Employers are rapidly expanding wellness programs, and specifically tobacco cessation, as a strategy to combat increasing health care costs.
Almost all employers that have implemented tobacco cessation, coaching and/or nicotine replacement therapy offer an incentive and penalty, says Dr. Mary Kaye Sawyer-Morse, director of health management at Wausau-based UMR, a national third party administrator for self-funded health benefit plans. But, they vary depending upon the program. Some groups reward employees as soon as they sign a statement vouching that they are tobacco-free on a certain date. "Since this is a recognized label document this holds [the employee] accountable," and health insurance companies observe this person as a smoke-free employee, she says.
Meanwhile, a handful of UMR's programs that have been established for a few years conduct worksite nicotine testing. Sawyer-Morse explains, however, that this testing isn't fool-proof if employees still use nicotine patches to help them quit.
Some programs offer employees a $50 or $100 incentive as soon as an employee says they are nicotine-free, and then a larger amount at the end of a six month or year period if they stay nicotine-free. "As humans, employees have to receive the incentive quickly for it to be associated with behavior change," she says.
Exercise decreases nicotine cravings, says Sawyer-Morse. Increasing the fruit and vegetable consumption in a smokers' daily diet can also decrease the nicotine pleasure sensation for a smoker struggling to quit, according to the journal Nicotine and Tobacco Research, published by Oxford Review.
Employers can also help employees fight the cravings, from implementing an exercise program throughout the work day to adding healthier snacks to the worksite vending machines. Avoid alcohol, salty foods and caffeine specifically, Sawyer-Morse says, as they increase the pleasure factor of nicotine.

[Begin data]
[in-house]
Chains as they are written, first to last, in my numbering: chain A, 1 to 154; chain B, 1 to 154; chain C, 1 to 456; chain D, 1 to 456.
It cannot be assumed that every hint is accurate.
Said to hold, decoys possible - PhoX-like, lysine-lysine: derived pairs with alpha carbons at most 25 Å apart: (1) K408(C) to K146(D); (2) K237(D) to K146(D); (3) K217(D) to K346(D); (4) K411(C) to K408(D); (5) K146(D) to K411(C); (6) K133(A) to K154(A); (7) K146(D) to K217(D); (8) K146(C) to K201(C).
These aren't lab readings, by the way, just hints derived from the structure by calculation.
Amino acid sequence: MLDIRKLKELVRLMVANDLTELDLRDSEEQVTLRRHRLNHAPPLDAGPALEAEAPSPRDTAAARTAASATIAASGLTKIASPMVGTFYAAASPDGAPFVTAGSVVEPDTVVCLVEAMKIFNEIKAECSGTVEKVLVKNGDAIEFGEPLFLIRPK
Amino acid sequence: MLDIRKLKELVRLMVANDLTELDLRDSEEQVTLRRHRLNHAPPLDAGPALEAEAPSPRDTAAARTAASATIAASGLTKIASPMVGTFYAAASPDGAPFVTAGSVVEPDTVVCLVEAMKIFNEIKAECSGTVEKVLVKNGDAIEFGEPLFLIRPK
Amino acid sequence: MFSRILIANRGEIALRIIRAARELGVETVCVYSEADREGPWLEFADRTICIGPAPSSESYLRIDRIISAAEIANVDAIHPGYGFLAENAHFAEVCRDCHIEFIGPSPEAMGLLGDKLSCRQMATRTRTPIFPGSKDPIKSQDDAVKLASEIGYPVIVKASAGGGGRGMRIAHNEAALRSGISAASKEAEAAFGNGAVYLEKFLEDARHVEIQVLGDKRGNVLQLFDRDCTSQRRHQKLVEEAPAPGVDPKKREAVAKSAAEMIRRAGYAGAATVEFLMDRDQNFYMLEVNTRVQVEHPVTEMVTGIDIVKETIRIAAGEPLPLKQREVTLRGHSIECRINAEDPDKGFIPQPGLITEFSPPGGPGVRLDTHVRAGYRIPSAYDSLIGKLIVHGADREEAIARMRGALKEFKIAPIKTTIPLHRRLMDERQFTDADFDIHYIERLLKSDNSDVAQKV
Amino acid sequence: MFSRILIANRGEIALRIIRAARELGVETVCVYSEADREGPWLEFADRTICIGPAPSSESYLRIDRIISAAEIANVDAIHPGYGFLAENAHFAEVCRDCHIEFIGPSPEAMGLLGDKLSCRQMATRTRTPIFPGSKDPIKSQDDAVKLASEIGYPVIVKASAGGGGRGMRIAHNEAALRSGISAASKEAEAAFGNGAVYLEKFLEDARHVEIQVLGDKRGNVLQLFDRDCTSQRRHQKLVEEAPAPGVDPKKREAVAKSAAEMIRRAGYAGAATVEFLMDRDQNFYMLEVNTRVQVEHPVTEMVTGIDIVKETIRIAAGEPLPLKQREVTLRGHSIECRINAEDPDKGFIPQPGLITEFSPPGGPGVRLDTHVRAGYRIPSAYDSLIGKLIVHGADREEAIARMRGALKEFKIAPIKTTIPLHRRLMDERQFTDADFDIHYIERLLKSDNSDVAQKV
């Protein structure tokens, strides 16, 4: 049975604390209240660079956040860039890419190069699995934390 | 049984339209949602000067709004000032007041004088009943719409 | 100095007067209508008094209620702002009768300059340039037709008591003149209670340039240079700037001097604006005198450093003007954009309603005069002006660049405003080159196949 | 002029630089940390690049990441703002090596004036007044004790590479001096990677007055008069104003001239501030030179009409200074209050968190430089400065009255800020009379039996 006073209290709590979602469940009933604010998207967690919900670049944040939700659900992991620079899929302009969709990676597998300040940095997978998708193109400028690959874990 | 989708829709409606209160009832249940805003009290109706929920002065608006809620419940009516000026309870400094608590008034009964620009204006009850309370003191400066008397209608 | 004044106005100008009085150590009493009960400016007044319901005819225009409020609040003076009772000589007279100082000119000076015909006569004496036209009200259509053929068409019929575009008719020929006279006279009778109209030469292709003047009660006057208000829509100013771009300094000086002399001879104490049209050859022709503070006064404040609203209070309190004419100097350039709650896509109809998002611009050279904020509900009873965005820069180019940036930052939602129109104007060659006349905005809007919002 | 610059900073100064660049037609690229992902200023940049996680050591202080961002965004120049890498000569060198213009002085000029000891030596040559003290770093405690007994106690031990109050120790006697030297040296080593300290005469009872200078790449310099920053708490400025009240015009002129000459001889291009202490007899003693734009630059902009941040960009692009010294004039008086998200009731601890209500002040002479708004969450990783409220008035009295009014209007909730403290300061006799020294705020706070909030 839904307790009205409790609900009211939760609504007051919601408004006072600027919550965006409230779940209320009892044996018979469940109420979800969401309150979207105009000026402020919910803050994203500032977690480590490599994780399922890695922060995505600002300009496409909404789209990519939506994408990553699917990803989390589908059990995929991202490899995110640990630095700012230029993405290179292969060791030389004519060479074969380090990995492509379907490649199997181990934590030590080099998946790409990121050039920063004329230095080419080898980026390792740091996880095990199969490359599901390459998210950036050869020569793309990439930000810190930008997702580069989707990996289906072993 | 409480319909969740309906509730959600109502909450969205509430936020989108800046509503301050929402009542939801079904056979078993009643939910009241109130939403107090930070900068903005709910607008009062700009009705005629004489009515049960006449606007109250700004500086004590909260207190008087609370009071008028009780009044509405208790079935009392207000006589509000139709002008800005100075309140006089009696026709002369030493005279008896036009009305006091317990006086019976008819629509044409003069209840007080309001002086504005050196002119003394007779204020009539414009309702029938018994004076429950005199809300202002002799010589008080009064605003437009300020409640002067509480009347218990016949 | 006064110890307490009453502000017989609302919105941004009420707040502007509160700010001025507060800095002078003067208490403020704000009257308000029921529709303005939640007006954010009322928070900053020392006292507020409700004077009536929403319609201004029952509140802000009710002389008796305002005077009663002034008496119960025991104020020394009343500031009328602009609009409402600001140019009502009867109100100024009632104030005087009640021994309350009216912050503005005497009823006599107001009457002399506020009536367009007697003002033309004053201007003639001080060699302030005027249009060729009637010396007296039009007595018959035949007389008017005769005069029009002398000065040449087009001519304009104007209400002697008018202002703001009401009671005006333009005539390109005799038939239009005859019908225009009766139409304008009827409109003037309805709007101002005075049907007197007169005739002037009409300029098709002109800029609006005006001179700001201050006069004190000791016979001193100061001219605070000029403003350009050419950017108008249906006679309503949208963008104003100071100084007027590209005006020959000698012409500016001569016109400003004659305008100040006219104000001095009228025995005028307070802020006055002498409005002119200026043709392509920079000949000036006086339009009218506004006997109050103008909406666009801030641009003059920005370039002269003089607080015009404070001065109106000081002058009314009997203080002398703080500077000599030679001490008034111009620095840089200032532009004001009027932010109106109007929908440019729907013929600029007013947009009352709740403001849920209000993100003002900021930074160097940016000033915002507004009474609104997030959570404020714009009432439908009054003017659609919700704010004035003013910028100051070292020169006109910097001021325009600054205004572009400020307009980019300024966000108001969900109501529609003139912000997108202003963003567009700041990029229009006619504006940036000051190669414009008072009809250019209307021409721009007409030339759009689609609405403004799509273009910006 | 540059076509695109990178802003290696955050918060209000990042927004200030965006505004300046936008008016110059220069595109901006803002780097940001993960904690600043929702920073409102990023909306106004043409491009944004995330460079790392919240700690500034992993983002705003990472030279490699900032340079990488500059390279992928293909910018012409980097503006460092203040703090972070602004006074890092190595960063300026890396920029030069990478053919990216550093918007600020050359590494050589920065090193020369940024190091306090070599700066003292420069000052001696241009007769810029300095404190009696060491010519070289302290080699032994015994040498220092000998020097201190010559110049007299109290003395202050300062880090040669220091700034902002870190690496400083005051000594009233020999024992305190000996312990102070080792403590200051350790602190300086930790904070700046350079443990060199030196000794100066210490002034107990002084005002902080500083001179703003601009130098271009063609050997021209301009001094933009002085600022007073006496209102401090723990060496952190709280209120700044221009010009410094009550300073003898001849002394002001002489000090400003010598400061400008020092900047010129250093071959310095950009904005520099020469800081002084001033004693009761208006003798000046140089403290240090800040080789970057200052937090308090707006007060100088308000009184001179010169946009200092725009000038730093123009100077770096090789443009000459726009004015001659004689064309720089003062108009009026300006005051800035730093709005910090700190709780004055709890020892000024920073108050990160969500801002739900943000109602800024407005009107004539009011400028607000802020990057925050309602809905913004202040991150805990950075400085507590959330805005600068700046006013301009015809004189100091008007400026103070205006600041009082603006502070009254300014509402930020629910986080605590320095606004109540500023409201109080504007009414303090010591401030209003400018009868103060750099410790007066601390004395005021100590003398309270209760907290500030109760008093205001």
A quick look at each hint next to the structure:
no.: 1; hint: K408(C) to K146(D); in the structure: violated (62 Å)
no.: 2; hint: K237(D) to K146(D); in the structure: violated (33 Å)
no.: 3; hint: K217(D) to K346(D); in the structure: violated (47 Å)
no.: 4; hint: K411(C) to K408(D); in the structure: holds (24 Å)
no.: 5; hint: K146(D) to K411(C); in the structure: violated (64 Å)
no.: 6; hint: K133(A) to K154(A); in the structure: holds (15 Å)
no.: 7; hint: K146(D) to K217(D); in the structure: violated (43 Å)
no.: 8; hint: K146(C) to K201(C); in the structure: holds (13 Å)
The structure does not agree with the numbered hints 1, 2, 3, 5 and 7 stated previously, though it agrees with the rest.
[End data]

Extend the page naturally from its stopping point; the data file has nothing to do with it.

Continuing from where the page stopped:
Advice From The Top
In a keynote panel at the 7th Annual Employee Benefit Adviser Summit in Phoenix, "What the Best Do Best: Benefit Practices at the 'Best Companies to Work for in America,'" four of the ten best companies in the country shared how benefits helped them reach the prestigious list.
If we can't do [child care benefits] for everybody, we aren't going to do it just for the headquarters people. ... [Rather,] we give them the tools to go out and find great providers.
Shari ConAway, Director, People, Southwest Airlines
We've tried to expand the view of benefits way past what would normally be considered a benefit package. What we've done, our philosophy, is centered around how do we make everyone's job easier?
Kevin Ricklefs, VP of Administration, CHG Healthcare Services
We feel that it is really important to be open and honest and communicate with your employees. That's part of being a best company to work for ... you build that kind of trust between management and all of those employees. We tell them everything.
Cathy Benton, Chief Human Resources Officer, Alston & Bird
Transparency is the best policy and we don't just tell employees about what's happening with regards to benefits, we make information available on all our financials so they know where their money is going.
Shirley Bullard, Chief Administrative Officer and VP of Human Resources, The Ken Blanchard Companies
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